Being an hour flight from London, it’s no surprise that Amsterdam is a popular destination for Brits. In fact I struggled to remember a capital city where there were so many of my compatriots. However, Amsterdam is a beautiful city with a lot to offer, and like anywhere – it’s a case of where to seek out and where to avoid.
We stayed at The Hoxton (thehoxton.com), situated on the Herengracht canal between the old town and Jordaan district. Rooms start modestly but I would recommend spending a little more for the spacious ‘roomy’ with a canal view. Just as in Shoreditch and Holborn, they’ve nailed the offering with high levels of service coupled with a buzzy atmosphere on the ground floor, full from morning till night with residents and locals alike using the hotel as a workspace and, later in the evening, as a place to let loose.
We steered clear of the old town in general, although going to Amsterdam without walking through the Red Light District is akin to going to Paris and avoiding the Eiffel Tower. Barring a few areas, the old town has a Leicester Square vibe running through it, consisting mainly of poor Argentine steak houses and the city’s famous ‘coffee shops’. Hire a bike to visit other areas of the city, but be wary of the combination of trams, cars, cyclists and pedestrians, as pavements and roads can be hard to distinguish.
As in London, Amsterdam’s restaurant scene has a mainly global influence but if you’re after some Dutch fare, head to the Indische Buurt district in the east where you can find Wilde Zwijnen (wildezwijnen.com) - literal translation - wild boar. Choose between a three or four course set menu where - no surprise - boar features, although fish and vegetarian dishes are still championed. The interior ticks the boxes with a stripped back décor and is popular with locals so book ahead (not to be confused with their tapas bar next door).
In the south-east of the city in Frankendael Park, you’ll find Restaurant de Kas (restaurantdekas.nl), set within a greenhouse and adjoining nursery. An iconic dining room (although lacking the beauty of Petersham Nurseries), the restaurant follows the farm-to-table philosophy, sourcing ingredients on site. As a consequence the Mediterranean-inspired set menu changes daily and one has to admire the equal emphasis de Kas places on vegetables and meat and its approach to sustainability. It may not be knocking at Michelin’s door but is certainly worth a visit.
A ten-minute walk away is one of Amsterdam’s restaurants of the moment, Rijsel (rijsel.com) located just off the river Amstel. Named after the French city of Lille, the fare is French inspired with a nod to Flanders. Although the menu changes fairly regularly, you can always expect quality rotisserie and on our visit we opted for just that along with duck sausage with slices of smoked duck, green beans, and roasted hazelnuts. There’s a canteen feel to the dining room with 60s vintage chairs offset by formal tablecloths. Surprisingly, Rijsel is closed on weekends so make sure you plan your trip with a Friday or Monday either side to accommodate a visit.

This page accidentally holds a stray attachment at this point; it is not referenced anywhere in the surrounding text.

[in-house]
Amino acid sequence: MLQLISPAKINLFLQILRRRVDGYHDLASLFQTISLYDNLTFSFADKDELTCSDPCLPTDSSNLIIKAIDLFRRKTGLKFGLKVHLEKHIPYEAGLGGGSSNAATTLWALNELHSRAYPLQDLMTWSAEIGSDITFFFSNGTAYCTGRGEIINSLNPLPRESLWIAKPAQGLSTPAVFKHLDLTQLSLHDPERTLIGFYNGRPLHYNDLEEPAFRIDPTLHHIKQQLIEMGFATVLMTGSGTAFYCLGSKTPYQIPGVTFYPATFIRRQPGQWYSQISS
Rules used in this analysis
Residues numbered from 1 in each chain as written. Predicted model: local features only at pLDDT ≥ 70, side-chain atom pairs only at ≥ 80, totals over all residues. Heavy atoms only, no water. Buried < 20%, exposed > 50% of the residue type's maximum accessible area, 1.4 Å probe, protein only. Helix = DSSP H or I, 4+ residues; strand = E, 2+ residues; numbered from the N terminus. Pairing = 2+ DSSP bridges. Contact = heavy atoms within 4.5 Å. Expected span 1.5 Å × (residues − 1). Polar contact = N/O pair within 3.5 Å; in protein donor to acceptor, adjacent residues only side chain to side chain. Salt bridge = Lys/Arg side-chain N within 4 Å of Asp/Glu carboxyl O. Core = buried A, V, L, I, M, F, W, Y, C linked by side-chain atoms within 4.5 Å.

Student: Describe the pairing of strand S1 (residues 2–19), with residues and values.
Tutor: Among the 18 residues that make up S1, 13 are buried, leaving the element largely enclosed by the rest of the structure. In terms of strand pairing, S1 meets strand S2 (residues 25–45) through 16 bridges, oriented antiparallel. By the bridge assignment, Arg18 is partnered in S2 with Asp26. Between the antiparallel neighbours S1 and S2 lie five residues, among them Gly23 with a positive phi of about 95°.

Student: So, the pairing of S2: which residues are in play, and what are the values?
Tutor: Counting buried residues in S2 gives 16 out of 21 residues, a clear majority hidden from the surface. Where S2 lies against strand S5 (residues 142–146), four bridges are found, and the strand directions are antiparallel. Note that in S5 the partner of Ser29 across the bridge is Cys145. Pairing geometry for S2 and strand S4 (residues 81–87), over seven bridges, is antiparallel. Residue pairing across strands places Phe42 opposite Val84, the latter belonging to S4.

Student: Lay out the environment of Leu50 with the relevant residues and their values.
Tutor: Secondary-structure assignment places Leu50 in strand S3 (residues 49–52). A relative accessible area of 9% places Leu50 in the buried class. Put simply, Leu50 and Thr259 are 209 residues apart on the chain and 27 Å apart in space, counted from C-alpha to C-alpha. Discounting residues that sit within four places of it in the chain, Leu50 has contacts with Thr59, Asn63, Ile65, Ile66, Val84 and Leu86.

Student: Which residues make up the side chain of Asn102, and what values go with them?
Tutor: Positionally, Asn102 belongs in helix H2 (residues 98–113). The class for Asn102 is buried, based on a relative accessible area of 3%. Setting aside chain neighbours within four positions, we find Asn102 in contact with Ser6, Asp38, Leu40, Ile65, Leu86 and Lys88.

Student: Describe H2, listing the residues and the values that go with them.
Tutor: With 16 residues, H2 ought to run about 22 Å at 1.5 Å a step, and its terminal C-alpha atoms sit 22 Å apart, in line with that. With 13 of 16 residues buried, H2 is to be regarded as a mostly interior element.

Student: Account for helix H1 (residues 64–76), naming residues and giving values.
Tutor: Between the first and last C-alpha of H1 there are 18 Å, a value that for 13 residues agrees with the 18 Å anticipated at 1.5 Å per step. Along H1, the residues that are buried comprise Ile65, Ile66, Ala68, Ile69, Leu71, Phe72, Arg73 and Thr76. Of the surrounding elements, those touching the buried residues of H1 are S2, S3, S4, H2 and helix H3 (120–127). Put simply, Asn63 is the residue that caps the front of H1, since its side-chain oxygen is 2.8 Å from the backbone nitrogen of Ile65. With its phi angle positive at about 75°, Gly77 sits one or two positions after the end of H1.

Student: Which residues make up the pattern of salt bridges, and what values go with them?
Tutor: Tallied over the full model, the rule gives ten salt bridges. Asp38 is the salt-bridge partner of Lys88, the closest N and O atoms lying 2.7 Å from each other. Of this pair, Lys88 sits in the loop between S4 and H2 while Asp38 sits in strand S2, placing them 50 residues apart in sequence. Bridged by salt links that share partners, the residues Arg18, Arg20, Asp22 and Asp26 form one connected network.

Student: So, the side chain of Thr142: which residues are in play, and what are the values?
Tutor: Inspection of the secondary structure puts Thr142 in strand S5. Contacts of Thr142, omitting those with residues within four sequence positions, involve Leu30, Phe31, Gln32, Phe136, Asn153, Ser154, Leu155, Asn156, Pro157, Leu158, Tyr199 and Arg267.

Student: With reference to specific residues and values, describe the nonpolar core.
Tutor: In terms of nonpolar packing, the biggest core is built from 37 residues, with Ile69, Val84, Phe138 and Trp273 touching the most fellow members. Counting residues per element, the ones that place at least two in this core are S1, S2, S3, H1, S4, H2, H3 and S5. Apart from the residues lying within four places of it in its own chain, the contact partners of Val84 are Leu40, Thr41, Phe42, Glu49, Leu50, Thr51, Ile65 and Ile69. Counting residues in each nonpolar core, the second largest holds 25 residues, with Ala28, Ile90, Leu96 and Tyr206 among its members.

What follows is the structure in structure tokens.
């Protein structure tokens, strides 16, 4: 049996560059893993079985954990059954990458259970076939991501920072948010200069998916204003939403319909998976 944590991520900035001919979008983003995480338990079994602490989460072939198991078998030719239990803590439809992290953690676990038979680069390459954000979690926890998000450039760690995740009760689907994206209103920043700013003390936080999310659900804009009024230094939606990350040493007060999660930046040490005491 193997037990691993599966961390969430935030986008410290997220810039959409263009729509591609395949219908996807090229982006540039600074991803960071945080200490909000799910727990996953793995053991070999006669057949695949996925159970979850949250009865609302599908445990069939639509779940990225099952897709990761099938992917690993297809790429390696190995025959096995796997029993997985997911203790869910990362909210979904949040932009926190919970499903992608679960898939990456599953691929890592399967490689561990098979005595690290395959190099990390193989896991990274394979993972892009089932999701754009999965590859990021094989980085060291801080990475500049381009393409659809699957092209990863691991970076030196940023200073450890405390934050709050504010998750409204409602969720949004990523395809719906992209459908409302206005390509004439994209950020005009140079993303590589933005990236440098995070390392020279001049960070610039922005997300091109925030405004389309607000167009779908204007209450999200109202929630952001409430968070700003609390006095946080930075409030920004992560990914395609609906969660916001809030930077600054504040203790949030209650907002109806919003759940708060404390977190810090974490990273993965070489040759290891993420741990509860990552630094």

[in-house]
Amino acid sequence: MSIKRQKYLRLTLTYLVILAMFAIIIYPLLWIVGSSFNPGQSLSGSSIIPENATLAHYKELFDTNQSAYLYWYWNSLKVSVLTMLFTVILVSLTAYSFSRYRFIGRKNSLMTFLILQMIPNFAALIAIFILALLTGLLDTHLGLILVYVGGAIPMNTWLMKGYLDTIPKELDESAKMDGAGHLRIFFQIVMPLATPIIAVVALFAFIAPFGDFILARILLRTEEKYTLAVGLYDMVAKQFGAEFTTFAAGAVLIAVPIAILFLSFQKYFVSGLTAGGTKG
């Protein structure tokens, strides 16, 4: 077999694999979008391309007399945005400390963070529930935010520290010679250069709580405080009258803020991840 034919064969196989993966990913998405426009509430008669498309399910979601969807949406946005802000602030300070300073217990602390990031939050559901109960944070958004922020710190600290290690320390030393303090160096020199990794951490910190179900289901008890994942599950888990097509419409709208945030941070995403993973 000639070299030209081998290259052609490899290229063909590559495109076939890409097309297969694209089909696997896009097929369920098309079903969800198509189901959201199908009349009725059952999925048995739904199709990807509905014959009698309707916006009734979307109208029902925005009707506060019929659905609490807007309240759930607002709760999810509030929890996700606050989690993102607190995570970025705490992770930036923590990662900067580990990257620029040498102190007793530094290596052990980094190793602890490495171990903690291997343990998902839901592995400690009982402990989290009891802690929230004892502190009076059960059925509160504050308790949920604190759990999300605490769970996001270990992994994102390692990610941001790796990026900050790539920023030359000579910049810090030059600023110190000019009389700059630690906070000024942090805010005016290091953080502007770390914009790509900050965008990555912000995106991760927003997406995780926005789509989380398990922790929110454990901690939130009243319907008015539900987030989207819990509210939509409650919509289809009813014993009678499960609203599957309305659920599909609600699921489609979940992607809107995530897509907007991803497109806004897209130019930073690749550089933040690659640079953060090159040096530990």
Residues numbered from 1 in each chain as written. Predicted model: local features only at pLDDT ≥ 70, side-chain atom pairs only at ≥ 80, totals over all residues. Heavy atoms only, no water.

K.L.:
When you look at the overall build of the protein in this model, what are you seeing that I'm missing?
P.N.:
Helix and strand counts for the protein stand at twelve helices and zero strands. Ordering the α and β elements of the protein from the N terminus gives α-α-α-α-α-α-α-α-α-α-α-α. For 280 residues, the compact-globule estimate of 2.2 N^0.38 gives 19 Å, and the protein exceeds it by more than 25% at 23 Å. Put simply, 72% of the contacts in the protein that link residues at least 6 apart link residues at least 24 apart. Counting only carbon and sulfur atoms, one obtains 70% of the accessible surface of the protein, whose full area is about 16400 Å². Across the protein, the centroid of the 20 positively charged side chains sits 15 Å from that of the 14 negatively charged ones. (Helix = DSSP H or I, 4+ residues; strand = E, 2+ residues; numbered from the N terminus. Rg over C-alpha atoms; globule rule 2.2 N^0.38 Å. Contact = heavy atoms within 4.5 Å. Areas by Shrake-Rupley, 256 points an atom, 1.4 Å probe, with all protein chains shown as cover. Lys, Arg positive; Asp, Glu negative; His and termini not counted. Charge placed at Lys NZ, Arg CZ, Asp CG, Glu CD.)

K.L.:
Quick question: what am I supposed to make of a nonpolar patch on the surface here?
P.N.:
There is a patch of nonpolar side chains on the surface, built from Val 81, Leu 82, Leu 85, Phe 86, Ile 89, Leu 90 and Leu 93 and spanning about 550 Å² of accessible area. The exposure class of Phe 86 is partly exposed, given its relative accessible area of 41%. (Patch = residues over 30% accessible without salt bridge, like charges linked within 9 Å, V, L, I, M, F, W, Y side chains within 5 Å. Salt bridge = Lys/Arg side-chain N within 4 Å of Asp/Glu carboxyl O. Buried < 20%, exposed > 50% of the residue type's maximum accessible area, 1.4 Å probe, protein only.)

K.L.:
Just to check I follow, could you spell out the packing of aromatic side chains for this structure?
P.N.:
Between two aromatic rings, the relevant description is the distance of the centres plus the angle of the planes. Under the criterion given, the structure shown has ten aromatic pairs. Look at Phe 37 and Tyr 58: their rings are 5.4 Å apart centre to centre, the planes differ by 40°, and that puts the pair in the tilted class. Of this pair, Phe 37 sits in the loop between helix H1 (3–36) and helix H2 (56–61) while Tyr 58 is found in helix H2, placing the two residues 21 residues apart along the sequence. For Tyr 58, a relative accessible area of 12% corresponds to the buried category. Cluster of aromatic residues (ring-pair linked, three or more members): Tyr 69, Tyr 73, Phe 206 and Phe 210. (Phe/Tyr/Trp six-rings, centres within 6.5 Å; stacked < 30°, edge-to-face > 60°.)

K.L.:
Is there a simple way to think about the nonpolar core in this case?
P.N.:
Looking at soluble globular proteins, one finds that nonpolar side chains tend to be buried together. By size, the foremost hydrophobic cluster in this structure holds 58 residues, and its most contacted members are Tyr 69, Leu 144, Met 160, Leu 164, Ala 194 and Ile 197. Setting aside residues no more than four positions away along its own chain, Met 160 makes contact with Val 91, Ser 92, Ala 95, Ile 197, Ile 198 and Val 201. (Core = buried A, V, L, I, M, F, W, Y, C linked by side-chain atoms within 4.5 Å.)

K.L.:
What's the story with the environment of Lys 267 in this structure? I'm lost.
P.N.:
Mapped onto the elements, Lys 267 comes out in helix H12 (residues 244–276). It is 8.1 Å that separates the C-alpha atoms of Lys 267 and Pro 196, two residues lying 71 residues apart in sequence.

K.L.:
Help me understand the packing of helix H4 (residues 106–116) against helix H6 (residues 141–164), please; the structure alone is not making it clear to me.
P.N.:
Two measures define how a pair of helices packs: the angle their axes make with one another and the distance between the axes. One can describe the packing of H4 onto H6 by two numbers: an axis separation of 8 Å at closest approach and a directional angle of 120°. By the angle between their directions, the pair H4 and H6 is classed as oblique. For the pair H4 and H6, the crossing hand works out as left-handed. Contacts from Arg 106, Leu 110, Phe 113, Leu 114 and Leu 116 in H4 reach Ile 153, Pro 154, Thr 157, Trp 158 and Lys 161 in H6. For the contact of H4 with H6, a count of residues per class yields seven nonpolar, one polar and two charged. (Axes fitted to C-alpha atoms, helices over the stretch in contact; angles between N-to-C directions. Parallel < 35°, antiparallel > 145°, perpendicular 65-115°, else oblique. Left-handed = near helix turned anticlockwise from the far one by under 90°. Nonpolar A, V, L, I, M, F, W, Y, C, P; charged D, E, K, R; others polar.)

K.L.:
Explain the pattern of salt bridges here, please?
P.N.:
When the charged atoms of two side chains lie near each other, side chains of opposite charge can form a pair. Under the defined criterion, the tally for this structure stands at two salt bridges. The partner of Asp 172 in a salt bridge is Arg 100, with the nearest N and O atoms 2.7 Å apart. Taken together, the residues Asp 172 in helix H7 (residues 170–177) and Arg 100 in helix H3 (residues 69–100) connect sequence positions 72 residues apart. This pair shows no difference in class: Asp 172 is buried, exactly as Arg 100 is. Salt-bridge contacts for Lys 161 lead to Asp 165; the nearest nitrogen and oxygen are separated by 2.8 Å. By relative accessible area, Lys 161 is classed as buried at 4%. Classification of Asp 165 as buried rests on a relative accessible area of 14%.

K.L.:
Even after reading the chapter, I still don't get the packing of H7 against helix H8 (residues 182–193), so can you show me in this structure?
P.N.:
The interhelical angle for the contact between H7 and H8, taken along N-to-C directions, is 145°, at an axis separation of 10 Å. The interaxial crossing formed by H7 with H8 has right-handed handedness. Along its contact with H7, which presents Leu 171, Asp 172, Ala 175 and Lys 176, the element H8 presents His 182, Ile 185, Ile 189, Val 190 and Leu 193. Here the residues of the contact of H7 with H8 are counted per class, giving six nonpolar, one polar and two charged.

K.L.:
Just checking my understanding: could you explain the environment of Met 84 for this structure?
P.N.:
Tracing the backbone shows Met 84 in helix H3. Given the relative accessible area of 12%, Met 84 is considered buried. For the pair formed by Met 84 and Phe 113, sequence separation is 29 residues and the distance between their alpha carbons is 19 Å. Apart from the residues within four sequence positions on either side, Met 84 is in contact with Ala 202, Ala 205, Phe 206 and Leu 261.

If you’re after something a little more international, head to The Pijp, the city’s ‘global village’. Formerly a student area, it generated a bohemian vibe and now the area is facing a hike in rents – gentrification à la Brixton. Take a stroll through Albert Cuypmarkt, the single largest daily market in the Netherlands – the food stalls are mainly produce led and many of the Surinamese, Moroccan and Turkish restaurants in the surrounding area source from the market. As a word of warning, the Pijp also contains the Heineken ‘Experience’… enough said.
For the culture vulture in you, the museum district contains the world famous Rijksmuseum and after a decade long renovation, boasts a large collection of Rembrandt and Vermeer. Next door is the Van Gogh Museum and if you’re a little jaded after that, relax with a drink in the brasserie of the Conservatorium hotel, in the vast, airy brick and glass atrium.
A little west of the museum district is the Vondelpark – Amsterdam’s Hampstead Heath (without the hills). If the sun’s out – start the day with brunch at Staring at Jacob (staringatjacob.nl) followed by a day spent cycling round the park.
The Jordaan is a slightly more gentrified version of the Pijp and although no sights to see, it’s one of the prettiest areas of Amsterdam so take some time to walk around and explore the side streets. A heavy bout of rain on Sunday afternoon forced us to take shelter in De Blaffende Vis off Westerstraat for a much-needed glass of local beer, Two Chef’s Brewing and a smoked mackerel sandwich. G’s (reallyniceplace.com) in the north of the Jordaan is another brunch spot, popular with American university students.
Although in the old town, Wynand Fockink (wynand-fockink.nl) is a must visit for a pre-dinner tipple or a dose of Dutch courage and acts as a timely reminder of the Netherlands’ strong distilling heritage. Going strong since 1679 as a Freemasons meeting place, this tasting house offers up a wide range of liqueurs and jenevers (the original gin) and the ever-helpful staff will guide you through the selection process.
Being right on our doorstep, remember there’s so much more to Amsterdam than first meets the eye.